Everyone’s done it at some point or another. A big Thanksgiving meal, too many nachos watching the big game, and relief is found by loosening the belt a notch or two. On Feb. 23, 2017, the Federal Communications Commission adopted rules to slightly adjust the waistline of FM translators used to provide fill in coverage for AM stations.
Previously, the FCC adopted rules to permit FM translators to rebroadcast AM stations. The FCC’s current rules require the FM translator to be located at a transmitter site that is within the lesser of (i) the 2 mV/m daytime contour of the AM station, or (ii) a 25-mile radius centered on the AM station’s transmitter sites. Subsequently, the FCC adopted procedures in 2015 to open four separate filing windows to permit AM stations to obtain authorizations for fill-in service by FM translators.
The first two windows permitted FM translators to make “major” changes to their facilities, change channels and move up to 250 miles to serve as a fill-in service for an AM station. The next two filing windows will permit AM stations to file for new FM translator facilities, with the Class C and D AM stations getting the first opportunity, and then a general window for all AM stations that had not yet submitted an application. The two remaining windows were intended to occur in 2017.
One proposal for which the FCC sought additional comments in 2015 was whether it should relax the siting restrictions to permit FM translators to operate from transmitter sites further away from the AM station’s transmitter site.
One possibility was that the FCC would switch to a “greater than” standard when looking at the AM station’s 2 mV/m contour or 25-mile radius, so long as the 60 dBu contour of the FM translator did not extend beyond a 40-mile radius. In response, some commenters had urged the commission instead to expand the 25-mile radius to 40 miles, or abandon the radius limitation all-together.
In the end, the FCC adopted rules to permit FM translators serving as a fill-in service for AM stations may be sited so that their 60 dBu contour must be contained within the greater of (i) the 2 mV/m contour of the AM station, or (ii) a 25-mile radius centered on the AM station’s transmitter site. The FCC expressed concern that any further expansion of the fill-in FM translator siting restriction would lead to FM translators extending their service to areas outside the AM station’s core service area.
PUBLIC FILE CHANGES
In other actions, the FCC eliminated the rule requiring commercial broadcasters to maintain public correspondence in a public inspection file maintained at the station’s main studio. As discussed last March, the FCC adopted rules for radio stations to transition their public inspection files to an FCC-maintained online filing system. The transition is partially complete, with commercial radio stations in the top 50 markets with five or more full-time employees moving by last June,while all stations must complete the transition by March 1, 2018.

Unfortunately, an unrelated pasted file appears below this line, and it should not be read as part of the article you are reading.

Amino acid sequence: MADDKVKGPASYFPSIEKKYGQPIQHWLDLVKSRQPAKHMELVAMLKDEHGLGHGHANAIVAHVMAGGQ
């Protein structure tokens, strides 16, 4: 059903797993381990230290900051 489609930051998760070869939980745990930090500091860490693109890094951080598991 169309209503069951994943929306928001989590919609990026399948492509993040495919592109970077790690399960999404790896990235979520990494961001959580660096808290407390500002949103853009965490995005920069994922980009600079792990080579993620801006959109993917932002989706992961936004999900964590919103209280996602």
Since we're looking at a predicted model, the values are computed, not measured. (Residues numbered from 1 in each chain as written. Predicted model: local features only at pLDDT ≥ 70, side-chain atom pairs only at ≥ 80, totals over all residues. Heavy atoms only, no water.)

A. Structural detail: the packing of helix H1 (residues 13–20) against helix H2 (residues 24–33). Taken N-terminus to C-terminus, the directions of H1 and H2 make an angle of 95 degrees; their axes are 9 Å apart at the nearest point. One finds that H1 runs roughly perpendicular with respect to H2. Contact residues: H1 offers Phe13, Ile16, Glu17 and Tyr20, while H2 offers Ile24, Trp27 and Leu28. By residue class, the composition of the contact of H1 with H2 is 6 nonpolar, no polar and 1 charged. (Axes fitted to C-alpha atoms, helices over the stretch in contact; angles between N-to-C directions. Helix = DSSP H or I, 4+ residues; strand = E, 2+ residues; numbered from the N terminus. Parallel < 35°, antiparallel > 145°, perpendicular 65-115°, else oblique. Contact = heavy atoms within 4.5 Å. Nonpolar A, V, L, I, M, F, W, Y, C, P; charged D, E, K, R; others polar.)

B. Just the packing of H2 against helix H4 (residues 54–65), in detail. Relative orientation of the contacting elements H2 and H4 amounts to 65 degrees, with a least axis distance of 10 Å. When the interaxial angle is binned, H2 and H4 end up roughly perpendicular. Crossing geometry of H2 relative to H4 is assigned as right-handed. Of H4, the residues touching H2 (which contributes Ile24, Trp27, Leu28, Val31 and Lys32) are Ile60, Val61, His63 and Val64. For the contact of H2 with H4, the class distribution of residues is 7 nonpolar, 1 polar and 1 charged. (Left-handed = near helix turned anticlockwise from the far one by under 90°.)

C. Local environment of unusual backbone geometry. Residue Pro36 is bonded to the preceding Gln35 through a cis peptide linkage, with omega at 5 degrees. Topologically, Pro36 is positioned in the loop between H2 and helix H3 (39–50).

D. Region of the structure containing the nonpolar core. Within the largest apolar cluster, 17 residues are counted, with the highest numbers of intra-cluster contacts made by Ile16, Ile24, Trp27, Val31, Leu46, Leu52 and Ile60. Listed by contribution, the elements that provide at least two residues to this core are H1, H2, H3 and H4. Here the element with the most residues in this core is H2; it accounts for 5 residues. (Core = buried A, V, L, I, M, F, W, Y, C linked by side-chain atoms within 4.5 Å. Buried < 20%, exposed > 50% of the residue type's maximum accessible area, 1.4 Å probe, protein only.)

One category of documents was not included in the first wave, though. The FCC declined in 2016 to require that radio stations move correspondence from the public to the online public file system due to privacy concerns.
In the very first action under the regime of Chairman Ajit Pai, the FCC adopted a report and order eliminating that requirement. Instead, while the public may continue to call, write and send emails to broadcasters, the FCC will no longer require that broadcasters maintain these records in their public inspection file.
By eliminating the requirement, commercial broadcasters can complete the transition of their public file to the online filing system and will no longer be required to maintain a local public file at their station(s)’ main studios.
One final note: Chairman Pai announced a pilot project in which he plans to release advance copies of the documents to be voted on at the next open meeting. The report and order modifying the FM translator rule discussed above was the first order released under this new process. The intended goal is to permit the public to “understand the nature and scope of issues under consideration.”
While it will be helpful for the public to have an opportunity to see the draft documents, one concern worth noting is that the public will need to be more active in monitoring active proceedings to watch for last-minute lobbying efforts by interested parties with eyes and ears in Washington. In the past, these lobbying efforts were general in nature because the drafts were not public. With the drafts now being released several weeks before the FCC votes, lobbying efforts will be significantly more targeted, as interested parties will have a target to shoot at.
April 1, 2017 — Annual EEO Public File Reports are due for stations located in Delaware, Indiana, Kentucky, Pennsylvania, Tennessee and Texas with five or more full-time employees.
April 3, 2017 — Broadcast Mid-Term Report (FCC Form 297) due for stations located in Texas with 11 or more full-time employees.
April 10, 2017 — Issues/Programs Lists for First Quarter of 2017 must be placed in/uploaded to stations’ public inspection file.